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Blue-tongue
A true-blue battler

Dingo
Unfairly judged?

Koala control
What to do about the "koala plague" on Kangaroo Island

The Kangaroo industry
Should we eat skippy?

Feral cat
Apex predator in Australia. Confined to urban areas in America.

Tasmanian Devil
The solution to mainland extinctions?

Tasmanian Tiger
A sad tale

Rabbits
Perhaps not so adapted to Australia

Wombat
Keg of muscle


 

 

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Thylacine and dingo
Did the dingo do it?

Unfairly judged?

"On the evidence, juries have always convicted the dingo, but it is a largely circumstantial case," Dr Stephen Wroe

The demise of Tasmanian devils and thylacine from mainland Australia loosely correlates with the arrival of dingos between three and 10,000 years ago. This correlation has generally been explained as resulting from the native predators being unable to compete with the recent arrival. For example, in 1923, Albert Le Souef, curator of Taronga Park Zoo, wrote:

"when animals of this class (marsupials) suddenly find themselves placed in competition with such advanced forms as the Fox, the Cat, and the Rabbit - types far ahead of them on the evolutionary scale - it is ...inevitable that they should go down before the invader."

The marsupials-are-defective explanation is generally used to support warden-like approaches to conversation that rely on locking up the marsupials in reserves or zoos.

The main flaw in the argument is evidence showing devils eradicating foxes in Tasmania, decreasing cat populations and being unaffected by dogs. This could suggest that rather than being eliminated by dingos, the devil and thylacine were eliminated by other means which allowed the dingo to fill a void in the ecosystem that it couldn’t do previously.  Prior to this time, it was the dingo that could not compete with the marsupial predators. It may have been introduced, or made it across itself, countless times over the last 30,000 years but died out.

Comparison of the attributes of the dingo and marsupial predators does indicate that the locals had some definite advantages if their paths ever crossed. One of these was bite pressure. A 10kg devil can exert a bite pressure as powerful as a dog twice a dingo’s size. Furthermore, a devil is low to the ground like a bull terrier, which makes it a shape more suited to defeating a dingo in a fight than the other way around.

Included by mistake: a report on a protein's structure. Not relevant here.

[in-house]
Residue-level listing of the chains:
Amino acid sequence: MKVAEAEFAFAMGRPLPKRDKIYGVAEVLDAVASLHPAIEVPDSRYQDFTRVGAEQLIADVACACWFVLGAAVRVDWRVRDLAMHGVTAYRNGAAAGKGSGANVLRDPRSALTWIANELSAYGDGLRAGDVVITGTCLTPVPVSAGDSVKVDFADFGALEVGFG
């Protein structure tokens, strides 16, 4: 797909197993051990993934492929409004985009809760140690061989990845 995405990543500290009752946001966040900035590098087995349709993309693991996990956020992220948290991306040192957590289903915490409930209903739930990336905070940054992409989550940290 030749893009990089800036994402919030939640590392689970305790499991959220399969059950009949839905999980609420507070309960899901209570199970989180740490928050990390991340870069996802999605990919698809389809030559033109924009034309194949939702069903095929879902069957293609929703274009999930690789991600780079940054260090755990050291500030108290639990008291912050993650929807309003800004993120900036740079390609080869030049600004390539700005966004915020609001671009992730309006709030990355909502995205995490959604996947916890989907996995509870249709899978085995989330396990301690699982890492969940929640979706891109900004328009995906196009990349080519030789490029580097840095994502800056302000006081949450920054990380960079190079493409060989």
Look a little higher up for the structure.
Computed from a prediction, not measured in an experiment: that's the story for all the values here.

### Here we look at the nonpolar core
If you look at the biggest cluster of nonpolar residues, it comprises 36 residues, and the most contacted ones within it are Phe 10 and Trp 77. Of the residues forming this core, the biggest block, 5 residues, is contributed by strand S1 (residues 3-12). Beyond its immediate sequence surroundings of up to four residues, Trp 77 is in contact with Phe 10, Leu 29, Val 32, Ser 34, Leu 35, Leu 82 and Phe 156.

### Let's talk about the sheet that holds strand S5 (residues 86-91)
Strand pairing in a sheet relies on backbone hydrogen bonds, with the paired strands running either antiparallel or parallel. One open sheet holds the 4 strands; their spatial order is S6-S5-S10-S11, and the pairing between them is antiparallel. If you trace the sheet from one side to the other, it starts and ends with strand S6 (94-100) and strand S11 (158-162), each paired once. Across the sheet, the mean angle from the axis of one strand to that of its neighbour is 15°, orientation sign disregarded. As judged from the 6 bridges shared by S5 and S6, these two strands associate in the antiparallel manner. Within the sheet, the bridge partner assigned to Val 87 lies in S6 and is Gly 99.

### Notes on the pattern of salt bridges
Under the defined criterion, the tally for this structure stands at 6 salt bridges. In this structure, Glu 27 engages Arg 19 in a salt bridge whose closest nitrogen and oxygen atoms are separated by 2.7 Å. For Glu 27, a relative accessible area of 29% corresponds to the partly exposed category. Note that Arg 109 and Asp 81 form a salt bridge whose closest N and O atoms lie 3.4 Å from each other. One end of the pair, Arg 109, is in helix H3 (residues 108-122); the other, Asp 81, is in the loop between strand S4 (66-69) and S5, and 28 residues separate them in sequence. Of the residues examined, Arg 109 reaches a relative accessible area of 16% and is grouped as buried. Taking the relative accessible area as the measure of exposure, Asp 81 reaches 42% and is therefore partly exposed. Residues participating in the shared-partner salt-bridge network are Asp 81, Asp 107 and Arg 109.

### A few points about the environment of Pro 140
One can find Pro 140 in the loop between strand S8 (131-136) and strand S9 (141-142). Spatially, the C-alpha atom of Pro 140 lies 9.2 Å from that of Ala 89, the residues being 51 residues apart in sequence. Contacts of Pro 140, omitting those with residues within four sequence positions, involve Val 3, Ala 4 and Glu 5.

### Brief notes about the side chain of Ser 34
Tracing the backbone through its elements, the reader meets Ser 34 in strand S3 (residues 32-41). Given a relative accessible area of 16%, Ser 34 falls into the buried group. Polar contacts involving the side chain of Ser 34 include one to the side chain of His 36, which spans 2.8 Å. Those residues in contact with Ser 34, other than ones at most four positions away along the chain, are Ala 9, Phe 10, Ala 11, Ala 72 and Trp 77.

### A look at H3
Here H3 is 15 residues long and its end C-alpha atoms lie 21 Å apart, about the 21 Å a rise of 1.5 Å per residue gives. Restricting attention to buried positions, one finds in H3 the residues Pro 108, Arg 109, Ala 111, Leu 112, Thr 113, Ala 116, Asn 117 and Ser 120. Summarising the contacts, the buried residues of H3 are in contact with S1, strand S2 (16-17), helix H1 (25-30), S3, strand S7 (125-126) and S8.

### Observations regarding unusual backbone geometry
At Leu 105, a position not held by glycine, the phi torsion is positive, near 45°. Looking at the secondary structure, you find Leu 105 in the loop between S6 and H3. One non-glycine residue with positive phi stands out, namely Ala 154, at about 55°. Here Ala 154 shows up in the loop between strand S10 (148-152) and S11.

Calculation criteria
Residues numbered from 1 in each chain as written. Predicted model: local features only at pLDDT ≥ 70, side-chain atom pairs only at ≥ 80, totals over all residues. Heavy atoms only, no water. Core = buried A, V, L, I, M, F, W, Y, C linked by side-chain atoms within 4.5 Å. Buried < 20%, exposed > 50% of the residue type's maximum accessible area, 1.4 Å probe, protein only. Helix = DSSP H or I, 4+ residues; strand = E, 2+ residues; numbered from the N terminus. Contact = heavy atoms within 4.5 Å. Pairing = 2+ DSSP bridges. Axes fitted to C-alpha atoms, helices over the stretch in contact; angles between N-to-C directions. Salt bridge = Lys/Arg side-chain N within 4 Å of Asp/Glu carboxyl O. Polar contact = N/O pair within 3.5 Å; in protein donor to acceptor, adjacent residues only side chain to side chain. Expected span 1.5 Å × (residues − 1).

The thylacine would also have been a formidable foe for a dingo. It was longer, taller, and also had a far more powerful bite. Some colonial reports of their encounters with dogs indicate that they killed them quickly.

Of course, there is more to surviving in the Australian bush than being able to win a fight. Some arguments propose that the dingo was a superior hunter and deprived the devil and thylacine of their prey. The main problem with this explanation is that the dingo is more of a scavenger than a hunter because kangaroos are very difficult prey to catch. As a scavenger, it would need to have one-on-one fights with devils and thylacines. Admittedly, dingos are more social animals than both the thylacine and devil so they had the potential for social co-operation that the others lacked. That said, dingos in Australia are largely solitary, probably because Kangaroos run off in different directions when scared and a single kangaroo (if caught) is too small to sustain a pack of Dingos. As stated by Wroe 2003: